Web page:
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National Gallery of Art Acquires Wouwerman’s “The Departure for the Hunt”

March 5, 2019

Philips Wouwerman, The Departure for the Hunt, c. 1665–1668, oil on panel, 52 x 67 cm (20 1/2 x 26 3/8 in.). National Gallery of Art, Washington. The Lee and Juliet Folger Fund, in honor of Earl A. Powell III, Director of the National Gallery of Art (1992–2019)
Click on image to enlarge.

The National Gallery of Art in Washington, D.C., has announced some recent acquisitions that includes Philips Wouwerman’s The Departure for the Hunt.

According to the announcement:

Among the most elegant and accomplished of Wouwerman’s late works, The Departure for the Hunt depicts a party preparing for a falcon hunt in front of an elegant country estate. A master of narrative detail, Wouwerman filled the scene with lively vignettes of pages carrying falcons and bringing wine; a huntsman sounding the horn to signal the start of the event; and a merry company enjoying a peacock pie feast on the terrace above. Combining a subtle palette of browns with a striking blue sky and employing periodic accents of bright color throughout, the artist captured both the elegance of this aristocratic pastime as well as the majestic beauty of the countryside. Best known for his depictions of equestrian subjects, Wouwerman executed some 600 paintings over the course of a short career, spending his final years painting highly refined variations on the theme of the hunt.

Purchased with funds from The Lee and Juliet Folger Fund, in honor of Earl A. Powell III, Director of the National Gallery of Art (1992–2019), this painting is the second work by Wouwerman to enter the Gallery’s collection, joining Battle Scene (c. 1645/1646).

The picture appeared at Christie’s July 6, 2010 Old Masters Evening Sale in London, where it sold for £1,217,250 (inclusive of fees) against an estimate of £1,000,000-1,50,000. The sale catalogue essay noted:

Recognised since the eighteenth century as one of Philips Wouwerman’s ‘chefs-d’oeuvre’, the importance of this picture was signalled most recently by its selection for the first major monographic exhibition of the artist’s work held at the Mauritshuis in 2009-10.

This is a quintessential example of Wouwerman’s most refined late style, generally dated to the last few years of his life (1665-8). Given the great extent of Wouwerman’s painted oeuvre (over six hundred works have been attributed to him), it is often forgotten that he died relatively young, before he reached the age of fifty. Hunting scenes featuring richly attired figures attended by pages, grooms and dogs provided the artist with a favourite source of subject matter during the 1650s and ’60s, and this is one of his most eloquent treatments, which amply illustrates his versatility as an outstanding painter of architecture and landscape in addition to his pre-eminence as a horse painter. The main action is overlooked by a party on a terrace, attended by musicians and pages serving food. A courting couple are shown on a balcony below, alongside a monkey who signifies their amorous intentions. The group on the terrace, together with the figures on the steps below, occur, in the reverse sense, in a sheet in the British Museum, thought to be a counter-proof of a preparatory study in red chalk.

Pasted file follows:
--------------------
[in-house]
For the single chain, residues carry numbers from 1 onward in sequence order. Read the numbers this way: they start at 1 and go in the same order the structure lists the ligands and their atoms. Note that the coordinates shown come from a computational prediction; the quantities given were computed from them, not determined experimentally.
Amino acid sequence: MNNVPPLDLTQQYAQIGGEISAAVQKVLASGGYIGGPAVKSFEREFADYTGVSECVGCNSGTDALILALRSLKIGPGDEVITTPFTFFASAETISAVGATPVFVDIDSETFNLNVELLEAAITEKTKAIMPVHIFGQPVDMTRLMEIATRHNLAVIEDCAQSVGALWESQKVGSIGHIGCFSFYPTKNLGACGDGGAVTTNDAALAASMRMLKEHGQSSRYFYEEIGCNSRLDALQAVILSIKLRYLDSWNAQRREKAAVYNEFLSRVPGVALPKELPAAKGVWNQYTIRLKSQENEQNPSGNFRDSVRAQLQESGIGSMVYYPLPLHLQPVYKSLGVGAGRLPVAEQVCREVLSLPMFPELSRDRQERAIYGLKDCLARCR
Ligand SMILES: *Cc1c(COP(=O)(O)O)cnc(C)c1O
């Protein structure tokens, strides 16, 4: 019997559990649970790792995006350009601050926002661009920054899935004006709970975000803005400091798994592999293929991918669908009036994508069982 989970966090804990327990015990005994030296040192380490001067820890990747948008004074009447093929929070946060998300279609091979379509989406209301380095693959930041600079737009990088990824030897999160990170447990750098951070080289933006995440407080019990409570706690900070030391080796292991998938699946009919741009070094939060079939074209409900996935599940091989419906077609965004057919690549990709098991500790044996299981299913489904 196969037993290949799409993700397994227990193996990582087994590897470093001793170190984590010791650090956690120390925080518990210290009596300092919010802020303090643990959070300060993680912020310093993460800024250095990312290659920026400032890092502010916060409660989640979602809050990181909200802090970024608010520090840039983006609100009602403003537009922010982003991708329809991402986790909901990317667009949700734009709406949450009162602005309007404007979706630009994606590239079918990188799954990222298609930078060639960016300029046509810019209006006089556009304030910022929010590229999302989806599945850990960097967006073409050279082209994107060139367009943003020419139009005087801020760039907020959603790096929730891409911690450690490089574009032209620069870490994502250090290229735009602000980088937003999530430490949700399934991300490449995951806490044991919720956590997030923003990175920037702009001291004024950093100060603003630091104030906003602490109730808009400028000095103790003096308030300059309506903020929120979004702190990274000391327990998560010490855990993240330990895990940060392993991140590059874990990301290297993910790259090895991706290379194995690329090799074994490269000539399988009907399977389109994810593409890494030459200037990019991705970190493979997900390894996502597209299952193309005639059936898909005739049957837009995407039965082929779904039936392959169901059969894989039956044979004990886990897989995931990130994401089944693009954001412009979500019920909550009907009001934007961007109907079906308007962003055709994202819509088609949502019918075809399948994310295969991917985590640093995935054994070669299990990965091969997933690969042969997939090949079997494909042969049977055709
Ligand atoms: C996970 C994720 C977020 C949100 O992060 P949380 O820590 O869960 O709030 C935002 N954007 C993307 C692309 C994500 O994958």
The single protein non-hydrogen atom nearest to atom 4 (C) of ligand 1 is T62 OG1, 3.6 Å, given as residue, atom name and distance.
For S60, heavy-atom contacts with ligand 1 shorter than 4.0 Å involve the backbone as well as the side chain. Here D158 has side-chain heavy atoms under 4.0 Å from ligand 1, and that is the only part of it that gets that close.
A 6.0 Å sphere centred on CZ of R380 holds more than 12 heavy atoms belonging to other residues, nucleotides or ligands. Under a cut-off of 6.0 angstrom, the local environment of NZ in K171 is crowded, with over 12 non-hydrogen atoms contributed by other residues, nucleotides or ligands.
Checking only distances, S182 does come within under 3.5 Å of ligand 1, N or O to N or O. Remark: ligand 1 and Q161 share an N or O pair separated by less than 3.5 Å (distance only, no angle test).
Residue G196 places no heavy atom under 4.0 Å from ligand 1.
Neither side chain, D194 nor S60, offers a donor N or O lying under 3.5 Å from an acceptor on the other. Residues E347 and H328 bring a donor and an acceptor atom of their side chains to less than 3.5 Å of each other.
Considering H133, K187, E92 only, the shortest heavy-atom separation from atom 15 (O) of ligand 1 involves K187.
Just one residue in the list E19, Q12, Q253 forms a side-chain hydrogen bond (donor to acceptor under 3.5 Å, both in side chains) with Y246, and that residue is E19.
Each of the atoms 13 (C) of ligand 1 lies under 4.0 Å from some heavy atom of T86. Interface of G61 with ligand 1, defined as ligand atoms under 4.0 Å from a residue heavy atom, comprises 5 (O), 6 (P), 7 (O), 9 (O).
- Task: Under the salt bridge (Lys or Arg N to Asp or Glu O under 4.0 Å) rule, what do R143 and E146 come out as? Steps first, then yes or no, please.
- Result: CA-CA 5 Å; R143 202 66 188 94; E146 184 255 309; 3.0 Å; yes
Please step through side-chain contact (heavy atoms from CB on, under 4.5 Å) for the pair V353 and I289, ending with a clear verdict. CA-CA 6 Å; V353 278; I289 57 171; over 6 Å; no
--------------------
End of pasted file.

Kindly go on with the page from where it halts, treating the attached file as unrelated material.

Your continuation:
Pictures of this type by Wouwerman were especially prized in France in the eighteenth century, and this example has the distinction of having been owned successively by the two most illustrious French collectors of this artist–Jeanne-Baptiste d’Albert de Luynes, comtesse de Verrue (1670-1736) and Pierre-Louis-Paul Randon de Boisset (1710-1776). The former, who was among the earliest collectors in France to buy Dutch pictures, owned more than a dozen paintings by Wouwerman, the majority of which are now housed in museums, including five in the Gemäldegalerie, Dresden, and such masterpieces as the Stag Hunt (Louvre, Paris), Horses watering (Rijksmuseum. Amsterdam) and the Horse Fair (Wallace Collection, London; for a full account of her collecting, see J. Scott, ‘The Comtesse de Verrue: A lover of Dutch and Flemish Art’, Apollo, January 1973, pp. 20-4). The comtesse’s prediliction for Wouwerman was disseminated by virtue of engravings made by Jean Moyreau after some of her best works by Wouwerman, and the present picture was among the first to be reproduced in this way in 1734 (see fig. 2). Her taste helped inspire unparalleled levels of interest in the artist and no doubt influenced the taste of Randon de Boisset, who acquired the present work at, or soon after, the comtesse de Verrue’s estate sale in 1737. His own sale, held after his death forty years later, contained twelve paintings by Wouwerman, of which this picture achieved the highest price.

Until 1784, this painting was always sold with another, on canvas, described as its pendant; but, as Quintin Buvelot has recently made clear, this owed simply to the fashion for presenting Wouwerman’s paintings as pairs, made easy by the frequent similarity of size and subject in his oeuvre.

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